Ask Lt. Gov. Walter Dalton about jobs, the state’s economy or even the environment and eventually — usually sooner than later — the discussion takes direct aim at education, bettering it, that is, and making it work to strengthen North Carolina.
Dalton, on a two-day trek that began with a town hall meeting in Wilmington Monday and led to a visit to Fayetteville Tech and finally to a Duplin County fundraising Tuesday night, stopped by The Sampson Independent to shake a few hands and to share his thoughts on the state and why he’s the man to lead it.
“I believe in this state and what it can be,” Dalton stressed, leaning back in his chair and reflecting on his run for governor. “I have the tools to help make our state the best it can be.”
His wife of 40 years, Lucille, was by his side, nodding her head in agreement as the lieutenant governor shared his passion for the state and his belief that he and not his opponent, former Charlotte Mayor Pat McCrory, is the man to lead North Carolina.
But he didn’t attack his opponent, choosing instead to focus on his own vision and the things he believes will help pull the state out of the economic quagmire it’s been in for sometime now.
He ticked off a resume that includes over a decade in the N.C. Senate, holding the seat his father had held for many years; his business experience that includes serving as Rutherford County attorney for two decades, a stint in banking and running what he called a ‘successful small business’ as the managing partner of a law firm; and his public service in roles that had him chairing his local community college board of trustees, serving on the Red Cross and helping create the Child Abuse Prevention Society.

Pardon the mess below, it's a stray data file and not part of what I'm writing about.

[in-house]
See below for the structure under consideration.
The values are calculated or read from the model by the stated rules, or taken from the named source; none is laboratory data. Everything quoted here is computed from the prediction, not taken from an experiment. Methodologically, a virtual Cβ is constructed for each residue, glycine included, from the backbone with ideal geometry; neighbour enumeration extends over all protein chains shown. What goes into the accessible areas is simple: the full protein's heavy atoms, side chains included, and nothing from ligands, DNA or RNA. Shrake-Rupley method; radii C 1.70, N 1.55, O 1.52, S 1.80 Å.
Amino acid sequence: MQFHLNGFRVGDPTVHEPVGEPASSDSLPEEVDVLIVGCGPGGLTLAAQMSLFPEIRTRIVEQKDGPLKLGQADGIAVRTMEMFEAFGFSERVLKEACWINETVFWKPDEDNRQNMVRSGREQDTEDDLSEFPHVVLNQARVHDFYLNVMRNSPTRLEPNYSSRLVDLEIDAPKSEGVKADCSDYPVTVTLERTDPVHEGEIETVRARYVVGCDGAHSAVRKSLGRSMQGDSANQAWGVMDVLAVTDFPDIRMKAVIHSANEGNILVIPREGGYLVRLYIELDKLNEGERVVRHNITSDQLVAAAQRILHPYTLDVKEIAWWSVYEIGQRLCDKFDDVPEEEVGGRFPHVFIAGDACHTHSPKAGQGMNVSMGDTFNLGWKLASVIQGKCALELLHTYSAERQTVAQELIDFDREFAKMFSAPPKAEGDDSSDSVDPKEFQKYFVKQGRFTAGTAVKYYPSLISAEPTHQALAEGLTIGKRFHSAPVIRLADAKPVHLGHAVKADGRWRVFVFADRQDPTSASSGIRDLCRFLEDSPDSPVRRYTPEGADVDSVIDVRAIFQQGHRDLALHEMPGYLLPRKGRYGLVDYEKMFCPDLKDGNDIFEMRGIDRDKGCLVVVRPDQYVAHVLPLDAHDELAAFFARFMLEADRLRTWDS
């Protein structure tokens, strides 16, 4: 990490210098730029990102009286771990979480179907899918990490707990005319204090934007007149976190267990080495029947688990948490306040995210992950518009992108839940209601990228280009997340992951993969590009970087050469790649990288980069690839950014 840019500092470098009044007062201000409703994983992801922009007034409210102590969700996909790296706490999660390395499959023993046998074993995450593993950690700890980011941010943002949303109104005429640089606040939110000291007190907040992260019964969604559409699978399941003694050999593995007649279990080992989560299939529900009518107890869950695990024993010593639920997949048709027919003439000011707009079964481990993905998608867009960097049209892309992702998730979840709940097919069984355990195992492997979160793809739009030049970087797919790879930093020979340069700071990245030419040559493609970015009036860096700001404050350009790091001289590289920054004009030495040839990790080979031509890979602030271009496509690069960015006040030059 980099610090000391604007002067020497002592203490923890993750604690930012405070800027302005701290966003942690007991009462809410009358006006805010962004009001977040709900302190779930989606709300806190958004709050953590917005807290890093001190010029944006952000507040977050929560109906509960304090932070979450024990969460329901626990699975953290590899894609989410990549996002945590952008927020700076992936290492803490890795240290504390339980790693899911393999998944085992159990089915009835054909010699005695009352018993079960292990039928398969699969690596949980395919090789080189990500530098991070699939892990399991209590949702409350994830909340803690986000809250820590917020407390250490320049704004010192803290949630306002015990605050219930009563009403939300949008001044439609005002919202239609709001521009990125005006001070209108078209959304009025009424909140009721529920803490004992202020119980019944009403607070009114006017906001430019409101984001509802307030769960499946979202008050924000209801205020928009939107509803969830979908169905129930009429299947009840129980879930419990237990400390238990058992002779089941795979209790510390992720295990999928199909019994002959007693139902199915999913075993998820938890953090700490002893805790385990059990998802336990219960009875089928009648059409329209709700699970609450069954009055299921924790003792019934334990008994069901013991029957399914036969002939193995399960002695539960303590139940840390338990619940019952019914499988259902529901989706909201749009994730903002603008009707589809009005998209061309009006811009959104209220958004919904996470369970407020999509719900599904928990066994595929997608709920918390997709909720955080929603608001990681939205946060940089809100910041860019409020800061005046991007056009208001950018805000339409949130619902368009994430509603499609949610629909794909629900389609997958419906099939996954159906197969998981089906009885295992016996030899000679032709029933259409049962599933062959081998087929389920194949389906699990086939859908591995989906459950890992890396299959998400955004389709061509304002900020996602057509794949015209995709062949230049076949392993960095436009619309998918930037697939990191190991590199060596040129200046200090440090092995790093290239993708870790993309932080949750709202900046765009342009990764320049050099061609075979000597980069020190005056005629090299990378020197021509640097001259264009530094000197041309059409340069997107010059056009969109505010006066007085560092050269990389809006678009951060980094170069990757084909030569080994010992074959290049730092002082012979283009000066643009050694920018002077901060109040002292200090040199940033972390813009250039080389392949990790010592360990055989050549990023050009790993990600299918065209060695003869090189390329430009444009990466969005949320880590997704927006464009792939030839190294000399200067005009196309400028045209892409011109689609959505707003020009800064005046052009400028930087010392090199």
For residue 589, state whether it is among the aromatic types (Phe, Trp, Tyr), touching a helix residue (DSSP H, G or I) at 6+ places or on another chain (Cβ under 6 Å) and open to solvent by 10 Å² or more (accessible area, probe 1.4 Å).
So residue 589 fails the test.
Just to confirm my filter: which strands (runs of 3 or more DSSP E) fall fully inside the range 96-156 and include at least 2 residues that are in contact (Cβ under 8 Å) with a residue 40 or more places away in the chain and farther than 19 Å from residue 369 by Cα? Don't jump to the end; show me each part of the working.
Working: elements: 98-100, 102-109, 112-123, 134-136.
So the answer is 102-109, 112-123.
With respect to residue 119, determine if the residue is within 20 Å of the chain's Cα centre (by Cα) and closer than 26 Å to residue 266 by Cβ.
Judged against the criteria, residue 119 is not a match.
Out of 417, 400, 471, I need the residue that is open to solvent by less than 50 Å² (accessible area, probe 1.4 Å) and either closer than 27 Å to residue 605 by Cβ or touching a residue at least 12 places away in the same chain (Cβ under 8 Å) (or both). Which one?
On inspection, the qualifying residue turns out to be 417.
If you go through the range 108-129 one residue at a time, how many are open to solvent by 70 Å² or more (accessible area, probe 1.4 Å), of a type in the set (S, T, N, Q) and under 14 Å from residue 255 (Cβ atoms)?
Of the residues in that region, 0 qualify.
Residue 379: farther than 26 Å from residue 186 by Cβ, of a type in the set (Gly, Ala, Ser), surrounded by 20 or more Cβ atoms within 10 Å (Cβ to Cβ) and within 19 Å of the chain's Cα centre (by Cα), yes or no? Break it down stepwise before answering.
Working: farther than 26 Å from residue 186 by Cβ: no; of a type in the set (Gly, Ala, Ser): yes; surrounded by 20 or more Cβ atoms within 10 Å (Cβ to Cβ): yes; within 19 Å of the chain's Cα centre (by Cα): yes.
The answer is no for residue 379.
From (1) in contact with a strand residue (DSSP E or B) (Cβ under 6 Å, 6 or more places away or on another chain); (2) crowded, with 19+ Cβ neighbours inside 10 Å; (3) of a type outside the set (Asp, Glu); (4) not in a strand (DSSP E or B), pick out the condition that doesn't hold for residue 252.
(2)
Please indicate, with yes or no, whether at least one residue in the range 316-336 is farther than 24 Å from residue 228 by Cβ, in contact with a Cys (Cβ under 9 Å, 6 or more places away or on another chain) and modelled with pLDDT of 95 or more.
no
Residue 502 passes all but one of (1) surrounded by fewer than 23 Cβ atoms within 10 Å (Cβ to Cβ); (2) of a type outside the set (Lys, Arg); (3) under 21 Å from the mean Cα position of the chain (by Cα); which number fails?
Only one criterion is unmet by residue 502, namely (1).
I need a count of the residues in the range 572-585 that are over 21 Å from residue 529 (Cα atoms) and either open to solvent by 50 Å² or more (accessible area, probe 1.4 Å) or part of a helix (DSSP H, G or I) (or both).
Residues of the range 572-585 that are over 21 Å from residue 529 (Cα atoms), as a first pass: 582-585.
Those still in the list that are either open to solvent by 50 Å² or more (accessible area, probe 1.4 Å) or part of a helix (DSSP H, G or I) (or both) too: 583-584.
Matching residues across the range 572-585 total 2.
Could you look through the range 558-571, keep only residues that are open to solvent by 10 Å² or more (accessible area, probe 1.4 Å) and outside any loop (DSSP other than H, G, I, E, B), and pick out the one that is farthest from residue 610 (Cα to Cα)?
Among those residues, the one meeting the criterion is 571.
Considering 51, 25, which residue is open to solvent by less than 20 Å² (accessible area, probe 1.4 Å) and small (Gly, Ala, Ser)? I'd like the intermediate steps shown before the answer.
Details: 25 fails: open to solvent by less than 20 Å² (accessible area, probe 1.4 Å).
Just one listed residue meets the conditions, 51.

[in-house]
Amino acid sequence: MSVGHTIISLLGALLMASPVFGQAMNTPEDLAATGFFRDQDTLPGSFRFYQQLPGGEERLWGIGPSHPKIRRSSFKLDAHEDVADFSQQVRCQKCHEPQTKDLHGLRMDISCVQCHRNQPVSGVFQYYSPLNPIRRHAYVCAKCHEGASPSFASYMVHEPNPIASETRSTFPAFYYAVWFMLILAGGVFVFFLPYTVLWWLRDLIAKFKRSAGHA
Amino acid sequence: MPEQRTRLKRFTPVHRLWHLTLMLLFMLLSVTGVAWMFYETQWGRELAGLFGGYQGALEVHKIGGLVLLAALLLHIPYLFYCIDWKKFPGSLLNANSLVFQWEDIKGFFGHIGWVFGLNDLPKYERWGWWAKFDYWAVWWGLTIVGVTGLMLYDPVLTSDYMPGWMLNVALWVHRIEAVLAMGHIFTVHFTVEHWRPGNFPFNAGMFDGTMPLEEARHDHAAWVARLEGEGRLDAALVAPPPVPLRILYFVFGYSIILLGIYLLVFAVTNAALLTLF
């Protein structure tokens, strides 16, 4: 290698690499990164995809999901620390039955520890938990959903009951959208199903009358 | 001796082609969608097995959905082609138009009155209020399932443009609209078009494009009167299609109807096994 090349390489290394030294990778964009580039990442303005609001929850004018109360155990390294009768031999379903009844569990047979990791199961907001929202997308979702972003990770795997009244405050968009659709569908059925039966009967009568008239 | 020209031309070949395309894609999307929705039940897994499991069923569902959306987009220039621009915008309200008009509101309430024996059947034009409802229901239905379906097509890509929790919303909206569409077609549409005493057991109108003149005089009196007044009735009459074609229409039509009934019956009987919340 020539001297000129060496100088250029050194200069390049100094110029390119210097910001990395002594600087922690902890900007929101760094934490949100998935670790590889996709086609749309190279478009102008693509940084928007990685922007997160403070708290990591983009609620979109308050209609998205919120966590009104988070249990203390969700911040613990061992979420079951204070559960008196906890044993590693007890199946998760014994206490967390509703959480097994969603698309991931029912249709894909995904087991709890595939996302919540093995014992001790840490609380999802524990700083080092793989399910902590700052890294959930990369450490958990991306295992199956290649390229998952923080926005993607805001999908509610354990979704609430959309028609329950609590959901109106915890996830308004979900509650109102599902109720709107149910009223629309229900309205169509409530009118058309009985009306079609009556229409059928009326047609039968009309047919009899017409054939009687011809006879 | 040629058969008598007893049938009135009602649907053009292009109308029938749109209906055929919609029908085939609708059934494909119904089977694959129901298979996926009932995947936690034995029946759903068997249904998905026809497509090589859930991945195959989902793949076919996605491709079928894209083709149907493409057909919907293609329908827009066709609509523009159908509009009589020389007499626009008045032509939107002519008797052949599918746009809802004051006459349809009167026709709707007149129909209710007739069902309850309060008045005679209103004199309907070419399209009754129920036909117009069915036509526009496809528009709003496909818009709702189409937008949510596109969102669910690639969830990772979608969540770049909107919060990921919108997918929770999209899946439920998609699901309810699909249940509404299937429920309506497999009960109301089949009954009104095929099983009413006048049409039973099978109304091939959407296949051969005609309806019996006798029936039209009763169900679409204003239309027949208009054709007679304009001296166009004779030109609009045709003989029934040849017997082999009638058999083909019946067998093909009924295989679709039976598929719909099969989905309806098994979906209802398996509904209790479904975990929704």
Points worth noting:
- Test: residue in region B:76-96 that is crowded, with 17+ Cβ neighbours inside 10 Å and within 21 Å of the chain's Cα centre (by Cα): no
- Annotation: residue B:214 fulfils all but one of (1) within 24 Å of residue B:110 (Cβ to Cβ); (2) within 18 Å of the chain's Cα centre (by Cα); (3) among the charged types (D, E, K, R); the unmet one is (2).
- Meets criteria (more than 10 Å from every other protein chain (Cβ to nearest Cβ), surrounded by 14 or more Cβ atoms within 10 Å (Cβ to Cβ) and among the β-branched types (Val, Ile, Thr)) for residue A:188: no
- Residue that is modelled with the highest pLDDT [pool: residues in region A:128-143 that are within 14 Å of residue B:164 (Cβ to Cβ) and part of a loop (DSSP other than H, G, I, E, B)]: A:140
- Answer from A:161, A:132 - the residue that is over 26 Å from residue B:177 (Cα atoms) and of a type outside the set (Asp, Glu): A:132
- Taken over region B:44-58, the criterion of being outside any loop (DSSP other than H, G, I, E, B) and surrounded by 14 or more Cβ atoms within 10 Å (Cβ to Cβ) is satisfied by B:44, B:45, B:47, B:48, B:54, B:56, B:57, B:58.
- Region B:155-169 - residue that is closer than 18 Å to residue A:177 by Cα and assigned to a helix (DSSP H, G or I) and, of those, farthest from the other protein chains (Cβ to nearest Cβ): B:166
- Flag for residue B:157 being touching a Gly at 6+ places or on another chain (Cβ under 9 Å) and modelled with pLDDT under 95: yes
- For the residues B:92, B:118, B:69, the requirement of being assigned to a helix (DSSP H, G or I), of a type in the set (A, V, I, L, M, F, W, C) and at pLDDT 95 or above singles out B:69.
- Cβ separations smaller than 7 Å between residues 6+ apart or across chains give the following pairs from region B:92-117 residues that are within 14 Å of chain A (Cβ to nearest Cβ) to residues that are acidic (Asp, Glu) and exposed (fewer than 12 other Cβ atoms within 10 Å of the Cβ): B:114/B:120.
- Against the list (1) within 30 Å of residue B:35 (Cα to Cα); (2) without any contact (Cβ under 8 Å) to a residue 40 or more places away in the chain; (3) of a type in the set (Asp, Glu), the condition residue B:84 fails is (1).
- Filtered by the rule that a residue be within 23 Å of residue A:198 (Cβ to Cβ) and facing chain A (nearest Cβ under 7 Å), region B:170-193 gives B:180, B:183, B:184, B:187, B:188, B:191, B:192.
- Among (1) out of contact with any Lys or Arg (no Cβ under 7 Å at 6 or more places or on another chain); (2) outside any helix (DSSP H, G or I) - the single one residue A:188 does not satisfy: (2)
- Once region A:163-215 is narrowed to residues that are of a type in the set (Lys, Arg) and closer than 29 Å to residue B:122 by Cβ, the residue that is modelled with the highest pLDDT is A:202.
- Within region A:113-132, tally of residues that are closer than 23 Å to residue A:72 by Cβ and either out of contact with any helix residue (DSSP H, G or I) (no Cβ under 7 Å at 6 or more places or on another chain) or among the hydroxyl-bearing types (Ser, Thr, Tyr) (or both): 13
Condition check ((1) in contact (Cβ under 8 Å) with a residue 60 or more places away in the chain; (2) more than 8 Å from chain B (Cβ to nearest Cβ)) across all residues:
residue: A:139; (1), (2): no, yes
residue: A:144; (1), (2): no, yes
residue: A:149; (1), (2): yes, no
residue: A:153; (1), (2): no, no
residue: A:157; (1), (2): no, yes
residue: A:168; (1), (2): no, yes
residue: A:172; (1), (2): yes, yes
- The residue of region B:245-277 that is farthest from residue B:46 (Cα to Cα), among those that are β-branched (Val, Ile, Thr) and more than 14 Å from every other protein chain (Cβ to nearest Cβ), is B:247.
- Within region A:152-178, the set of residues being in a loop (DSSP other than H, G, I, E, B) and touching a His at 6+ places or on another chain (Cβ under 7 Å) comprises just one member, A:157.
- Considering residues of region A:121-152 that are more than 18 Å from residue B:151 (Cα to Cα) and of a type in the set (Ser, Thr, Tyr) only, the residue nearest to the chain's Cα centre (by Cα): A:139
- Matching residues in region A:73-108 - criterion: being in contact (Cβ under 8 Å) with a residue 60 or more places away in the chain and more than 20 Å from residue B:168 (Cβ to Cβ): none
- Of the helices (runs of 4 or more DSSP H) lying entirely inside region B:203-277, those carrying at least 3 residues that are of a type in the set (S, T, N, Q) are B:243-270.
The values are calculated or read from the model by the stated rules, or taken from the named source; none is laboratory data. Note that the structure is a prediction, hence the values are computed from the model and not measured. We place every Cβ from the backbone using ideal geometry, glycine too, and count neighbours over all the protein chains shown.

But it’s his strong belief in education that Dalton focuses on when he talks about moving North Carolina forward. He see’s the state’s future as a bright one, where quality education will be the foundation for a strong economy.
“You can’t have one without the other,” Dalton stressed. “To have a strong economy you have to align education with the jobs of the future.”
He points to the JOBS (Joining Our Businesses and Schools) commission, which he established to partner businesses and schools to retool education programs to better fit an evolving job market, as the example.
“With that commission, we ask Republicans and Democrats from the House and the Senate to come together to answer the questions where is our economy and where to we want it to be, and then we need to recruit the kind of jobs that fit that vision, retrain workers to do those jobs …”
Education starts, he said, at an early age and should be supported through the community college and university level. Investing in education, Dalton stressed, is key.
He talked, too, about the Innovative Education Act that he wrote establishing the state’s early college system like the one on the campus of Sampson Community College, and he stressed the benefits it brings to students, parents and the state.
That program, which partners community colleges with high schools, allows students entering ninth grade at the Early College to receive a high school diploma, two years of college credit or an associate’s degree at the end of five years.
“It’s a wonderful program that challenges our young people and, at the same time, prepares them to enter the workforce while saving parents money.”